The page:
It’s not the state budget that we all hoped for and it is far from what our students need and deserve, but our hard work and organizing did make a difference as the Governor signed a budget that closed the state’s multi-billion dollar deficit while maintaining current funding for local school districts and preventing summer layoffs.
As part of the budget package, lawmakers approved AB 114, which for this year prevents school districts from issuing additional layoffs in August and essentially waives three-year reserve requirements. The law repeatedly states that each school district shall project the same level of revenue as it received in 2010-11 and shall maintain staffing and programs commensurate with that level. Some school district officials are crying foul, but let me be clear this law is designed to ensure stability for students and schools, avoid midyear cuts and prevent districts from gaming the system.
Funding public education and other essential services shouldn’t be partisan issues, but every Republican refused to extend the temporary taxes or even let votersd decide for themselves. I do want to thank the Governor and Democratic leaders for engaging in the work they were elected to do. The state’s existing tax structure benefits the wealthy and big corporations at the expense of the middle class. It’s also helped build the state’s structural budget deficit that Republicans are now using to starve public programs. For example, California is now funding public schools at $7,900 per student compared to New York at $15,000 per student. CTA is working with other labor unions and community groups to restore fairness and bring some common sense changes to the state’s tax system.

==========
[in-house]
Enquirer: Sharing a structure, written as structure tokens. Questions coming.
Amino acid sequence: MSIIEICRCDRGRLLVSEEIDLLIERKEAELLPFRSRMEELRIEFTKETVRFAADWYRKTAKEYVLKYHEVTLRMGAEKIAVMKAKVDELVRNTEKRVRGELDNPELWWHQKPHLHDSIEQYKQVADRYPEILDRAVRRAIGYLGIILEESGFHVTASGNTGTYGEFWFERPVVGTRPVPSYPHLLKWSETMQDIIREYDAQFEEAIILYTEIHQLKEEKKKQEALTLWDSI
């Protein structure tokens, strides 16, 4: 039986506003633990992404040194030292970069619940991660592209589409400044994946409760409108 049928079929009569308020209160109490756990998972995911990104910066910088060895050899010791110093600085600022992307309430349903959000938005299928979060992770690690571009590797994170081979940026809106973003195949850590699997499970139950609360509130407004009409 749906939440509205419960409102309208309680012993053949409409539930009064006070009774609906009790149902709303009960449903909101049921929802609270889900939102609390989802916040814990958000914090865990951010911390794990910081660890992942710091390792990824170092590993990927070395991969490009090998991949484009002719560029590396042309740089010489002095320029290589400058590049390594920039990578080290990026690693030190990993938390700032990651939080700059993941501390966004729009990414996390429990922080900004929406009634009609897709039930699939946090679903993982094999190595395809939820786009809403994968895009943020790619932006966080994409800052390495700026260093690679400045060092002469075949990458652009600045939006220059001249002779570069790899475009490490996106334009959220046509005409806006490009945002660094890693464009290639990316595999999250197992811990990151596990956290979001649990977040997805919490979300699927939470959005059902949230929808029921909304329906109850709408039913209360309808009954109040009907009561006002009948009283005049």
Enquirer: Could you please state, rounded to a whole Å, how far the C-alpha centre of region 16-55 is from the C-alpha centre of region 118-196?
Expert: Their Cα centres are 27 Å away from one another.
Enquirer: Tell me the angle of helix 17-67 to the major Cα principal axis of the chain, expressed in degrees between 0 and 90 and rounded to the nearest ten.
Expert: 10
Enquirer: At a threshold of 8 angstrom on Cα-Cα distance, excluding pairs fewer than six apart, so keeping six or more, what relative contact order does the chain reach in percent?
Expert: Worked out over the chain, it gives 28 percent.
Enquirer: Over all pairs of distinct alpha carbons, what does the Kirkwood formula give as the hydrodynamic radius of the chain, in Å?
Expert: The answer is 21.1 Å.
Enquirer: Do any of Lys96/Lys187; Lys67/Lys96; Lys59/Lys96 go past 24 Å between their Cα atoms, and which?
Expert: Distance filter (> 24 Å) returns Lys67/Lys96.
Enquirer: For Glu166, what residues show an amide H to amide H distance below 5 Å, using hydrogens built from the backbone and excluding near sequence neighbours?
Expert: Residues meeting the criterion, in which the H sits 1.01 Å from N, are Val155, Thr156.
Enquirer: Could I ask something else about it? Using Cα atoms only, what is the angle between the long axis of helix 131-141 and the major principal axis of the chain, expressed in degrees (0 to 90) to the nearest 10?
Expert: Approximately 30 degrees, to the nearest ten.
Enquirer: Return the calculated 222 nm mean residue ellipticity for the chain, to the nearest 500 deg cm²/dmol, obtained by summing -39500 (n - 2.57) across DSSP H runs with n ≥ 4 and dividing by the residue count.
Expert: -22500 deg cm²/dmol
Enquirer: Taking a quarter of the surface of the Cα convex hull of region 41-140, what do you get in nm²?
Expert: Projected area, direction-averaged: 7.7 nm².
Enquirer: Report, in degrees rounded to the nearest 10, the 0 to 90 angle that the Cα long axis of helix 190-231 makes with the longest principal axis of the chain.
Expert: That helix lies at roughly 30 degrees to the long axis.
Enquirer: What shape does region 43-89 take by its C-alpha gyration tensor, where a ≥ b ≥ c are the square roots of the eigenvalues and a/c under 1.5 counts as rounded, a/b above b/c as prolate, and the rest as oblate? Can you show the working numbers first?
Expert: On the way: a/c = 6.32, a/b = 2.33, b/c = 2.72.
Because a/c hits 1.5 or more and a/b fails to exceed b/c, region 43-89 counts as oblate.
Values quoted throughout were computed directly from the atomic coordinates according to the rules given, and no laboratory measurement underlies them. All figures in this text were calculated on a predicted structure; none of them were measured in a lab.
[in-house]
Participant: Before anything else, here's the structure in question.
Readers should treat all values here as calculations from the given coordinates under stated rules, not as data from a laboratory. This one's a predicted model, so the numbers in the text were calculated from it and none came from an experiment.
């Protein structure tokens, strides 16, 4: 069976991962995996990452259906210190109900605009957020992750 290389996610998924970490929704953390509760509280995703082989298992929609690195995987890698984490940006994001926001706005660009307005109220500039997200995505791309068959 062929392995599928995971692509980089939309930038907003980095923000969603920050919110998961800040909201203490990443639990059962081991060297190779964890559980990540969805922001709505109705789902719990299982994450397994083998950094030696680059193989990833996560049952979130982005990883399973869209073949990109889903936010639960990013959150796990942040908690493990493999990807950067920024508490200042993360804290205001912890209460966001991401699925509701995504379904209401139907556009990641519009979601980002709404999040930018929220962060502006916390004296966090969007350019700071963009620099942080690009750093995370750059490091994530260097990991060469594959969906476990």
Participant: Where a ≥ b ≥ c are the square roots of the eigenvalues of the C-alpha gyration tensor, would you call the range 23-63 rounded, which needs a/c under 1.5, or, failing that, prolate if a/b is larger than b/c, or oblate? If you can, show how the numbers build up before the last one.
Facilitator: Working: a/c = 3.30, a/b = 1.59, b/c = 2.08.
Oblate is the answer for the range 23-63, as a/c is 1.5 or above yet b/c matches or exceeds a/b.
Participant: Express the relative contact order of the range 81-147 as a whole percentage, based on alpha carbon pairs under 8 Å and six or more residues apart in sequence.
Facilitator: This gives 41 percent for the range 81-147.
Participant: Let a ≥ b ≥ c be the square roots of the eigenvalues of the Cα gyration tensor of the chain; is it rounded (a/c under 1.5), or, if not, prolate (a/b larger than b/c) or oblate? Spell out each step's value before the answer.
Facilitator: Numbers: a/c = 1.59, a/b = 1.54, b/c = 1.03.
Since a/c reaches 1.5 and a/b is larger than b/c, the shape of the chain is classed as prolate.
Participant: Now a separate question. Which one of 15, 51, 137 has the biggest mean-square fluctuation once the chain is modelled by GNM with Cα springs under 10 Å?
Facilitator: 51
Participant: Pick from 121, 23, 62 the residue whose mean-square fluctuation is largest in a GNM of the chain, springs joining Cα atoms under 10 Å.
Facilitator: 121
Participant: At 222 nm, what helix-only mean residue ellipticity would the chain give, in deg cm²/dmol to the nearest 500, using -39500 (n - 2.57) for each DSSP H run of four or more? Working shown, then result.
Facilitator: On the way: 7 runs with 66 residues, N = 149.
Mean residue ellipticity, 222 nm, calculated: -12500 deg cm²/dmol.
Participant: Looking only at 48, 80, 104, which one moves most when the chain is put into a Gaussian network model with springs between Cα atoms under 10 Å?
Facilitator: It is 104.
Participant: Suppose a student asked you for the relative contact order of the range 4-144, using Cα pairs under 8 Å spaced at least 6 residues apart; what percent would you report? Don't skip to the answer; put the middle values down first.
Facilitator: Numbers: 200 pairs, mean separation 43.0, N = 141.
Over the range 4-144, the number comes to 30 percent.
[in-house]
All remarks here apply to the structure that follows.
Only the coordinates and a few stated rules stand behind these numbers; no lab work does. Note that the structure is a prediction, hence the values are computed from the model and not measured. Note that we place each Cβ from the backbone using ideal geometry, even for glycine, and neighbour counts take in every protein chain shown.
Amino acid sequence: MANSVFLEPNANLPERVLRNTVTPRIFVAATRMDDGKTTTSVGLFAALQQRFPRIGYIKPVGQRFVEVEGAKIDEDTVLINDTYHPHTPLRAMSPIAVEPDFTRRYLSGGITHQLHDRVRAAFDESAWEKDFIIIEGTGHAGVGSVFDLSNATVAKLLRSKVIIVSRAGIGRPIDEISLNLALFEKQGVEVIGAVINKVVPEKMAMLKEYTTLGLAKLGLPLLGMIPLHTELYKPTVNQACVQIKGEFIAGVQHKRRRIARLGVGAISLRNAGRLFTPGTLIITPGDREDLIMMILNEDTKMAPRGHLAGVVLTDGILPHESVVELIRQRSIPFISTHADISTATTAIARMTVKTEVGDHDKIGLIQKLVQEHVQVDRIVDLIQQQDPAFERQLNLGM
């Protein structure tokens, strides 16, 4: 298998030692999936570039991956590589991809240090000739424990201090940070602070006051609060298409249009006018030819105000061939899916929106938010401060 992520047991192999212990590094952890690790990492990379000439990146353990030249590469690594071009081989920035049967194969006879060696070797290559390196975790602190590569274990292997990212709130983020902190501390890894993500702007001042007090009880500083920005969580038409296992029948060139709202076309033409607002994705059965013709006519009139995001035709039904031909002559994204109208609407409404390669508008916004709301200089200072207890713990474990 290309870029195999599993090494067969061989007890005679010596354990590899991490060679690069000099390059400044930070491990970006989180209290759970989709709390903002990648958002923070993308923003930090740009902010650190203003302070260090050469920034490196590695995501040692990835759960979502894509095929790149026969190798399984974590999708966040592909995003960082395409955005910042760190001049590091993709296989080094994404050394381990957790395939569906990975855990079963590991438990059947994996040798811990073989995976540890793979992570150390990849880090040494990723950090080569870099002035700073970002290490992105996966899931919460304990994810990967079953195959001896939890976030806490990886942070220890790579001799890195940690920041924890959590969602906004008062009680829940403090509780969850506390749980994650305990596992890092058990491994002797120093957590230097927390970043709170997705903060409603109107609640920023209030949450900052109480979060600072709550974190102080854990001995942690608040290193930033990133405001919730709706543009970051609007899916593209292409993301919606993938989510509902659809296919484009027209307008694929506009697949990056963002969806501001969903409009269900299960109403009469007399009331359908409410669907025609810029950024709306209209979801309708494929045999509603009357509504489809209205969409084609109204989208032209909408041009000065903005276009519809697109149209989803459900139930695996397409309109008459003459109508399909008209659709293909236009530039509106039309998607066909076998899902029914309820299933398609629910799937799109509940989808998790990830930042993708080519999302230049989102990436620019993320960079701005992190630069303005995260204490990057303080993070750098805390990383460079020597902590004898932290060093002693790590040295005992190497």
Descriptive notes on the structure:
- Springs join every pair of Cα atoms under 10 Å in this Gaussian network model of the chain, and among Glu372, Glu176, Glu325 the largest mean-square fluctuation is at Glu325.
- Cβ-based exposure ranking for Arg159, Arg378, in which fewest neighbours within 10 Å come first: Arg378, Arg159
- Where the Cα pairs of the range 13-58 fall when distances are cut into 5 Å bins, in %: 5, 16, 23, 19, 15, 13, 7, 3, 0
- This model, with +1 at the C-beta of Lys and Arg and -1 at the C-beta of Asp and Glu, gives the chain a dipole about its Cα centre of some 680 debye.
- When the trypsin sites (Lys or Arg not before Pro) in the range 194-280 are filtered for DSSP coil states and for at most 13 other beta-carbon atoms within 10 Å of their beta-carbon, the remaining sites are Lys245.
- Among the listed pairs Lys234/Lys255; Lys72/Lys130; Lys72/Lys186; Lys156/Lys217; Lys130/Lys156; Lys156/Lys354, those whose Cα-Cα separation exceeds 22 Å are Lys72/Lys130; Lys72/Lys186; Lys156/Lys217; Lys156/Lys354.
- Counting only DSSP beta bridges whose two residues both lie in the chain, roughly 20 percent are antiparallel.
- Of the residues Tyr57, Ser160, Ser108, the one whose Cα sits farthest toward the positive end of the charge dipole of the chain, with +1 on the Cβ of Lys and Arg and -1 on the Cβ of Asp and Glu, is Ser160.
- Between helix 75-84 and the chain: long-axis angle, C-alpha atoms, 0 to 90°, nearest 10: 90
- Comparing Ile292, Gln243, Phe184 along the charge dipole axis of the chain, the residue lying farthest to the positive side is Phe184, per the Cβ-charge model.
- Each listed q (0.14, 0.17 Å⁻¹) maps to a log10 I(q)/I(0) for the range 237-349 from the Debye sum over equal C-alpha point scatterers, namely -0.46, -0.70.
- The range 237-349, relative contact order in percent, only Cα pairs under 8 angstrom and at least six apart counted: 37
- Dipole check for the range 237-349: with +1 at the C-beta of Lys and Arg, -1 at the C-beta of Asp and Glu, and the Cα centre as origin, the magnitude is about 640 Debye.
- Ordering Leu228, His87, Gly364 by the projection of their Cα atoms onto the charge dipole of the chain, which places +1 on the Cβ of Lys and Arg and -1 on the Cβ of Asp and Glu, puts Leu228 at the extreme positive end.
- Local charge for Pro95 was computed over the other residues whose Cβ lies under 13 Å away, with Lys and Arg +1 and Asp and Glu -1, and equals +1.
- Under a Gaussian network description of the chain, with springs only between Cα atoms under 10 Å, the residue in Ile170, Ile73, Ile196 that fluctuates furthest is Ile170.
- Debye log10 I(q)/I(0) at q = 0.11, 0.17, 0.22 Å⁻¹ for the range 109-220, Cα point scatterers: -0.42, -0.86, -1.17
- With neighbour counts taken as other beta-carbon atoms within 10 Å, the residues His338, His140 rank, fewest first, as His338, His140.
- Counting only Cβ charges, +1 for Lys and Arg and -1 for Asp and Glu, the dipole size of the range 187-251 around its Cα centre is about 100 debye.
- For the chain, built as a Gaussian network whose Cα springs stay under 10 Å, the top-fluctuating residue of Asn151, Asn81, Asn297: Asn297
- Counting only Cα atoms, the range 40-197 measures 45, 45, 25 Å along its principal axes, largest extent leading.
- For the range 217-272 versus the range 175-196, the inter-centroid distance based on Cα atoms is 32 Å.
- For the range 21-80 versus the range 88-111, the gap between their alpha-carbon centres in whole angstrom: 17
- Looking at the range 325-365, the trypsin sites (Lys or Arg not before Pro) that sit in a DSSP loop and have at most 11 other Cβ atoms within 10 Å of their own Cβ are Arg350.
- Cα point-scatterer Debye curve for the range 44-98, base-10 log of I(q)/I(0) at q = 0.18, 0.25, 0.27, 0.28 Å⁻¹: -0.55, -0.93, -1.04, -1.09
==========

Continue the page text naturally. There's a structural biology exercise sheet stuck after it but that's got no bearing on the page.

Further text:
The approved budget also protects the integrity of the state minimum school funding law by requiring that any funding shortfalls must be restored and it fully funds CTA’s Quality Education Investment Act, which provides additional resources to lower-performing schools. Sadly, the budget makes more dramatic cuts to our colleges and universities. The CSU and UC systems each lost $650 million, sparking more tuition increases for students. CSU tuition has doubled in the last five years. Read more budget details on the CTA website